Visual Studio Tips & Tricks - Part One Formatting

This is a departure from my regular blogging about code but I find that there are many little tips and tricks you can use in VS that make it easier to use. Not that it's a bad product but there are little things that can allow you to work faster and be just a bit more productive with less effort. As a very lazy coder I find that invaluable. This post or series of posts will cover a wide variety of things but hopefully it will help some people out.

First let's mess with some options in Visual Studio. The first thing I do in VS is to turn on word wrap and line numbers. To access these you need to get into the options. So in the main menu select Tools -> then options



This will bring up an Options dialog box with a tree view on the left with a whole slew of options. For now we're going to focus on the Text Editor section. Expand the Text Editor node and select the language you are interested in. I have selected C# here for my example. On the right hand side you will see options for enabling word wrap, show glyphs for when wrapping happens and further down the screen enabling line numbers.



You now have word wrapping and line numbers at your disposal for that particular language. Now you have to do this for every language you use so when I'm writing ASP.Net applications I have to remember to go in and do the same for HTML as well. I think that's a PITA and I hope they fix it in VS 2010 so you can apply that setting to all languages supported by the IDE.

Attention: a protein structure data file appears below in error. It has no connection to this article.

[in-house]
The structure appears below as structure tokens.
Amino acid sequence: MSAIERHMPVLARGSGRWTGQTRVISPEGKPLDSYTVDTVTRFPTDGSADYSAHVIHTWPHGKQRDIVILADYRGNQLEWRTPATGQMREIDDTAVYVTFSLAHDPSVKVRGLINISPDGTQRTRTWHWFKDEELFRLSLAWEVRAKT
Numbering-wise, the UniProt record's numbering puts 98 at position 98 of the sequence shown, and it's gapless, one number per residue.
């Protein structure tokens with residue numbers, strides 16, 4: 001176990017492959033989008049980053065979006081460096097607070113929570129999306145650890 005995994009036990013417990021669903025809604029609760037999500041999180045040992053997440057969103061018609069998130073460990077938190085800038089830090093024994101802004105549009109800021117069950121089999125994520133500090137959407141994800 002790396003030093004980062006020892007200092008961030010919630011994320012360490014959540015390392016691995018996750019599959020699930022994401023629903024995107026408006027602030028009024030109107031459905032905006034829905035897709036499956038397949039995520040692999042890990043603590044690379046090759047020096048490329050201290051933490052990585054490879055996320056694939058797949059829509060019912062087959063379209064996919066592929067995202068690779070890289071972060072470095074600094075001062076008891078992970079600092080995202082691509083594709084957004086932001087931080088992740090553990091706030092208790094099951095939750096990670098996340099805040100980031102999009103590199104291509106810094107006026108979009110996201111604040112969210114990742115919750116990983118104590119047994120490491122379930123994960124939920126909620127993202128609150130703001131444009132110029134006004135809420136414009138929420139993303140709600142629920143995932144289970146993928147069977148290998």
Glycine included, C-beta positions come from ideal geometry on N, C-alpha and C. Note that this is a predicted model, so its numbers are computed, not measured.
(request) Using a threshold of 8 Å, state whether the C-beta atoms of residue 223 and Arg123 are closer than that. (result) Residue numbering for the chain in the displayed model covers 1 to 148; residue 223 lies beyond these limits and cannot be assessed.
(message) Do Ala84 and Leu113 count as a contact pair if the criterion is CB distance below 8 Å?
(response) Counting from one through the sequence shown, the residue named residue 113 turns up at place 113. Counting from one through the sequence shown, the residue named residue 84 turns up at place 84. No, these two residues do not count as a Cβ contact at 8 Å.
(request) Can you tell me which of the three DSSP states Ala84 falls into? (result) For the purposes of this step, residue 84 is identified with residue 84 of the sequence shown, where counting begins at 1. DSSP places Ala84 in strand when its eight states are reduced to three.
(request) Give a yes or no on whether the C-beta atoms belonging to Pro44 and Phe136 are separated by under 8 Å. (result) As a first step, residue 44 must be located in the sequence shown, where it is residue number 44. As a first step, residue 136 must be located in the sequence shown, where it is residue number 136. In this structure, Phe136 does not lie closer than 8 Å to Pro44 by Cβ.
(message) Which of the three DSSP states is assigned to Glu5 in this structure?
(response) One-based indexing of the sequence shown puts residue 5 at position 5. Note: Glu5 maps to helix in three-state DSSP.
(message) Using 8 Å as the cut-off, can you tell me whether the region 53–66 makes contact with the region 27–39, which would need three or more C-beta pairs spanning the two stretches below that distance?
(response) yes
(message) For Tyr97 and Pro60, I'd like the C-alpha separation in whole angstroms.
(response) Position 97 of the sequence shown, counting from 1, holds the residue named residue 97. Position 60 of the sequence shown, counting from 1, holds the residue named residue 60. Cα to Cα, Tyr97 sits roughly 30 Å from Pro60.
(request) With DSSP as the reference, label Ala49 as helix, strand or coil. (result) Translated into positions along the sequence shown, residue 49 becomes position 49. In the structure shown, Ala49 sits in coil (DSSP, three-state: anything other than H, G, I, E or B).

Now while we're here we might as well change some of the standard source code formatting options VS defaults to. I have a very particular way I like my code formatted and hate the default formatting VS uses so whenever I get onto a new dev box I always come in here and change the settings. Expand the language node you're interested in, my example below again uses C# and select the formatting node.



There are only 3 items under the main Formatting node. The real fun stuff are the items under the Formatting node. In each of these sections you can control how you want VS to format your source code automatically. There are a lot of options in there so I suggest you get in there and play around with them. VS let's you see how changing the option will affect the way your source code looks.

So that's it for the first post in VS tips and tricks. You can now change the look and feel of your code including word wrap, line numbers, white space, etc.

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